An elderly man had to make at least seven visits to his doctor and optometrist over a five-and-a-half-month period before the DHB would see him for deteriorating eyesight - by which time he was "essentially blind".
Allan Darlow was given a minor change in his prescription after having a routine eye exam at Specsavers in Tauranga in June last year. A month and a half later he visited his GP after suffering a fall. That started a process during which his GP made at least five referrals to Specsavers and the DHB, but his case was not deemed high priority based on initial assessments.
The GP sent referrals to the DHB and Specsavers between August and mid September raising concerns. Specsavers also sent a referral to the DHB during this time.
During that time Darlow's partner, Patricia Simpson, was also calling the DHB asking for a more urgent appointment as her partner's vision continued to worsen.
"We were told there were no appointments available until January 26 which was another five months.
"We were ringing continuously trying to get an earlier appointment but were told there were 400 people that needed to be seen before Allan and until it was affecting his quality of life it was not urgent," she said.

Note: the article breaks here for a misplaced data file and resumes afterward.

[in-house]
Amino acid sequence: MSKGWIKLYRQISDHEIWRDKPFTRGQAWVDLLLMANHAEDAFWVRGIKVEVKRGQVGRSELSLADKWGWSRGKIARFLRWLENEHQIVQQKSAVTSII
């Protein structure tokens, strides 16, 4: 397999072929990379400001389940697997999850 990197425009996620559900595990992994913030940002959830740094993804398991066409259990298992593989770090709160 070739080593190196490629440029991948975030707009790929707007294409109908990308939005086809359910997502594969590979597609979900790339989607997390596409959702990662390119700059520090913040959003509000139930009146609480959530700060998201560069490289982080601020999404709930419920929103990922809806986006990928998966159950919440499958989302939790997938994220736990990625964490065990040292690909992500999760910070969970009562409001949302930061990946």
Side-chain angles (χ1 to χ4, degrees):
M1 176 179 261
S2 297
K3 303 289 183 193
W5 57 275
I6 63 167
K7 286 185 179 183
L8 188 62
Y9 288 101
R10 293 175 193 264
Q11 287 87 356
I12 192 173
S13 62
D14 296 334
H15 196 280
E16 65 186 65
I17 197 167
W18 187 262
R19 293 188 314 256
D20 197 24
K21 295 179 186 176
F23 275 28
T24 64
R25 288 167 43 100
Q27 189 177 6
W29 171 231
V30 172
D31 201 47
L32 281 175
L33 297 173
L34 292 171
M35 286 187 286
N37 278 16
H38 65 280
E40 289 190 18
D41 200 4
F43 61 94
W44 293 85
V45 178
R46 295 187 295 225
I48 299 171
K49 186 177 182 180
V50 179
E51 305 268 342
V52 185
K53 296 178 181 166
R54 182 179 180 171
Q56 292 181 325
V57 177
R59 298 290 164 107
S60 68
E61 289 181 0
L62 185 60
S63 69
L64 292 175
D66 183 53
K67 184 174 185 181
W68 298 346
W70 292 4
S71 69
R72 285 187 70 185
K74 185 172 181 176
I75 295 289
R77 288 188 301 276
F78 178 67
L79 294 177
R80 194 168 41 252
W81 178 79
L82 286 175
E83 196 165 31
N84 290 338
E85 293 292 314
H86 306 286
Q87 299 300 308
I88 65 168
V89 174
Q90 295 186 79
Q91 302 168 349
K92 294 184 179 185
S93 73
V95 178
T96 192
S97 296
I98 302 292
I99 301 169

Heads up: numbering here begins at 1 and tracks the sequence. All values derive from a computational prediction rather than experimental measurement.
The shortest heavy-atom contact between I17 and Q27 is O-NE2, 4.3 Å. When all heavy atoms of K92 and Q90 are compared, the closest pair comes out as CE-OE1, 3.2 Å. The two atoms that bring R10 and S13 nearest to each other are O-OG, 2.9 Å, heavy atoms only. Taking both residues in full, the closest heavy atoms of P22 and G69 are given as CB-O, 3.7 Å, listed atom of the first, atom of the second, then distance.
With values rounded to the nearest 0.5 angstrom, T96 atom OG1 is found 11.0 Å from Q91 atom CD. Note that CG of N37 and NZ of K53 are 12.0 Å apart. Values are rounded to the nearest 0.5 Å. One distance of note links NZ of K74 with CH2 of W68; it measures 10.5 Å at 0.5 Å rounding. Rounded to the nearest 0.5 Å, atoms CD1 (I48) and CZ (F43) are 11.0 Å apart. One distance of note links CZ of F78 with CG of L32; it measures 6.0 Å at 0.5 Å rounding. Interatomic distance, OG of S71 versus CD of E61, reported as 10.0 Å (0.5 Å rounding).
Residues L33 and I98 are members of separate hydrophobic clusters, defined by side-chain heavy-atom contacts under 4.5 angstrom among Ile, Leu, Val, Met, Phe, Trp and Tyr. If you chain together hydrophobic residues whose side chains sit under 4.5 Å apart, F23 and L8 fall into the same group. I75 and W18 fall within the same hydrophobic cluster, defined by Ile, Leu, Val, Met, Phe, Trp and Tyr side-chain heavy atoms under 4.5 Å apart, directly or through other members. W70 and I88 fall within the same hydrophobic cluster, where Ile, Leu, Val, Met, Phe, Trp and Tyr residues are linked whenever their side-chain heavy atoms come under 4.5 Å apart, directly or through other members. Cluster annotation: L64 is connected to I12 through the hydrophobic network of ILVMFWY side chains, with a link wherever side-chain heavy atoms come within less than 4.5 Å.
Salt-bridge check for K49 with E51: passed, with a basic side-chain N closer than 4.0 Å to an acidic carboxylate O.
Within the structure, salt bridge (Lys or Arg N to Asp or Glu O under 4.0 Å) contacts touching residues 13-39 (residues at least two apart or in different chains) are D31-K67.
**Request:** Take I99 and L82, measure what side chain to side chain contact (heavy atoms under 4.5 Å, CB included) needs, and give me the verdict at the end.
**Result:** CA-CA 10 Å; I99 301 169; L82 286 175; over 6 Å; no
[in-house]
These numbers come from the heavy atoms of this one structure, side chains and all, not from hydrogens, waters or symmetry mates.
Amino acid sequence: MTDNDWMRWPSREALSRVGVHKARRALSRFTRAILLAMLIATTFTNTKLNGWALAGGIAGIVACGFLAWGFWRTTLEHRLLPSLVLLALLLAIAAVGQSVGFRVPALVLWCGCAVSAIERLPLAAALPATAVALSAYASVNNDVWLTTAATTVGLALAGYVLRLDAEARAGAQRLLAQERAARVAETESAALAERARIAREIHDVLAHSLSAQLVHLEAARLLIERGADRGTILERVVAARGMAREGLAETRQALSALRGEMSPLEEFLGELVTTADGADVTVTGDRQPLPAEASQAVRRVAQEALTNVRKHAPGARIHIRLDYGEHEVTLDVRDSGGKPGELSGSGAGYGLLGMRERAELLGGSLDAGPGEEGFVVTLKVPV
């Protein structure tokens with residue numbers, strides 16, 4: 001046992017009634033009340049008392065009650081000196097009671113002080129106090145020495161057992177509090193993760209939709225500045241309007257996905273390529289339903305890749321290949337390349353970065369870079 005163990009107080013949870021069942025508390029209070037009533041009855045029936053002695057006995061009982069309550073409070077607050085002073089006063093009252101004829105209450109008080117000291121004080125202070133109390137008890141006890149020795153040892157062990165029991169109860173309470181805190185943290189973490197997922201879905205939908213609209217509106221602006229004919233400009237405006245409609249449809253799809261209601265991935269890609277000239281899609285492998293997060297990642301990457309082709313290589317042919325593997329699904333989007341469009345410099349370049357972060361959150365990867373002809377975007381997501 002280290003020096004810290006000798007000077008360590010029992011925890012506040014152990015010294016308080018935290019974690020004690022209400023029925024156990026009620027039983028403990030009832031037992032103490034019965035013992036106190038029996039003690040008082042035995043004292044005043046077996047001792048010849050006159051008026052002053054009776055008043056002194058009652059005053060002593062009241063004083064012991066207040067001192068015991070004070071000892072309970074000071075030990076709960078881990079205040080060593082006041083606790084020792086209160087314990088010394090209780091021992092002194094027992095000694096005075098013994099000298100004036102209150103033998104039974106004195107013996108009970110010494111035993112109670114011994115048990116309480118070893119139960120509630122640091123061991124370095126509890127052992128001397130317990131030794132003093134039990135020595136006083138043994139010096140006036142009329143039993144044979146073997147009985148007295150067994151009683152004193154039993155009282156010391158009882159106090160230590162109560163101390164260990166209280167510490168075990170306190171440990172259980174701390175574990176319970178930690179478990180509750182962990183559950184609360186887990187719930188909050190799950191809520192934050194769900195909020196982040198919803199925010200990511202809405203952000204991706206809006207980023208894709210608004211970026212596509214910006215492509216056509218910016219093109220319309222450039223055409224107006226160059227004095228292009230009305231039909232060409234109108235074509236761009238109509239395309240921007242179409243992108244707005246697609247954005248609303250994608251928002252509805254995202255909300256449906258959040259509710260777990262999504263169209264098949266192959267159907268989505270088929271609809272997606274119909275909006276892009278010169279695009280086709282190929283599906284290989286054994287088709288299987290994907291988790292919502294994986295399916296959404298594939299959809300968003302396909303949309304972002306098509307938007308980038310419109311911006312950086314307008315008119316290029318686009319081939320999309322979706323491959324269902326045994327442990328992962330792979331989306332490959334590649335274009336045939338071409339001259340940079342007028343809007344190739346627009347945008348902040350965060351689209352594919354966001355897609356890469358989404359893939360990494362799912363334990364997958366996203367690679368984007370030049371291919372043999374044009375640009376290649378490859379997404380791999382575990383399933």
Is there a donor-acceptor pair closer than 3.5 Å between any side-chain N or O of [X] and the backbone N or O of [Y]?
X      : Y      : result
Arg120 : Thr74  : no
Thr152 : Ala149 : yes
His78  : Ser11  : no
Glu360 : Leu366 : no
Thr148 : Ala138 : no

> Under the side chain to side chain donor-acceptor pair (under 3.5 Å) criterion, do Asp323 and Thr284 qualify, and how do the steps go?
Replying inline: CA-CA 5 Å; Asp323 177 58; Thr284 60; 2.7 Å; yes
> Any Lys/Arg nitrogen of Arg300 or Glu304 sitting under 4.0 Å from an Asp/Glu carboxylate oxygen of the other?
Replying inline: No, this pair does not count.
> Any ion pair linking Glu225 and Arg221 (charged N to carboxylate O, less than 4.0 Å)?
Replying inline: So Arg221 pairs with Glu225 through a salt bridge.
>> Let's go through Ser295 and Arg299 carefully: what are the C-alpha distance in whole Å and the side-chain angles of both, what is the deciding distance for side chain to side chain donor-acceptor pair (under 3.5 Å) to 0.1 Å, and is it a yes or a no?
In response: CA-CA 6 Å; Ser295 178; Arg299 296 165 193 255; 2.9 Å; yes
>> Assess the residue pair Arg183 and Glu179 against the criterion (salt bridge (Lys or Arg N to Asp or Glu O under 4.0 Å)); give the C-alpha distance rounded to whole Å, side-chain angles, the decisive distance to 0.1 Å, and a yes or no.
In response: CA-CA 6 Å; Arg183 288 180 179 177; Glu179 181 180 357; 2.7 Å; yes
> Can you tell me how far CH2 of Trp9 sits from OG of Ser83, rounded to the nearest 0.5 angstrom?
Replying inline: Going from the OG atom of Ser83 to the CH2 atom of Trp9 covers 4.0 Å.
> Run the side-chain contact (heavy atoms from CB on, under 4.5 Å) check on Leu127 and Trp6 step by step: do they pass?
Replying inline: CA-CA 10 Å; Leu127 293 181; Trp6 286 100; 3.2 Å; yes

Meanwhile, Darlow's deteriorating vision was having a significant impact on his daily life.
"I had to have a bucket to go to the toilet, I couldn't see anything. If that's not quality of life being affected then I don't know what is," Darlow said.
On October 4, his GP sent another referral to the DHB - this time marked urgent - saying Darlow was missing the toilet pan, only seeing outlines of people and couldn't see the television. A month later the DHB replied saying there was heavy demand for eye clinic appointments and suggested he go back to the optometrist.
Two weeks later his GP contacted the DHB again, this time saying, "AJ [Allan] is essentially blind".
After finally seeing him on November 22, following another assessment from Specsavers, the DHB eye clinic specialist wrote to Darlow's GP saying they had received a number of referrals over the past few months and "all confirmed he had reasonable vision".
This was despite the "urgent referral" from the GP and information about him not being able to use the toilet, see people or the television, given six weeks earlier.
Darlow feels Specsavers took too long to send their referrals to the DHB, and the DHB needed to act sooner.
After the Herald approached Specsavers for comment, the company launched an investigation into his claims of a delay in sending the referral - something Darlow believes contributed to him losing his sight.
"We have immediately commenced a full investigation, which includes an audit of clinical records and a review of people and processes in relation to this matter," Specsavers' director of optometry professional services, Ben Ashby told the Herald.
Until the investigation had been completed, Ashby said the company was unable to provide any further information or comment on the situation.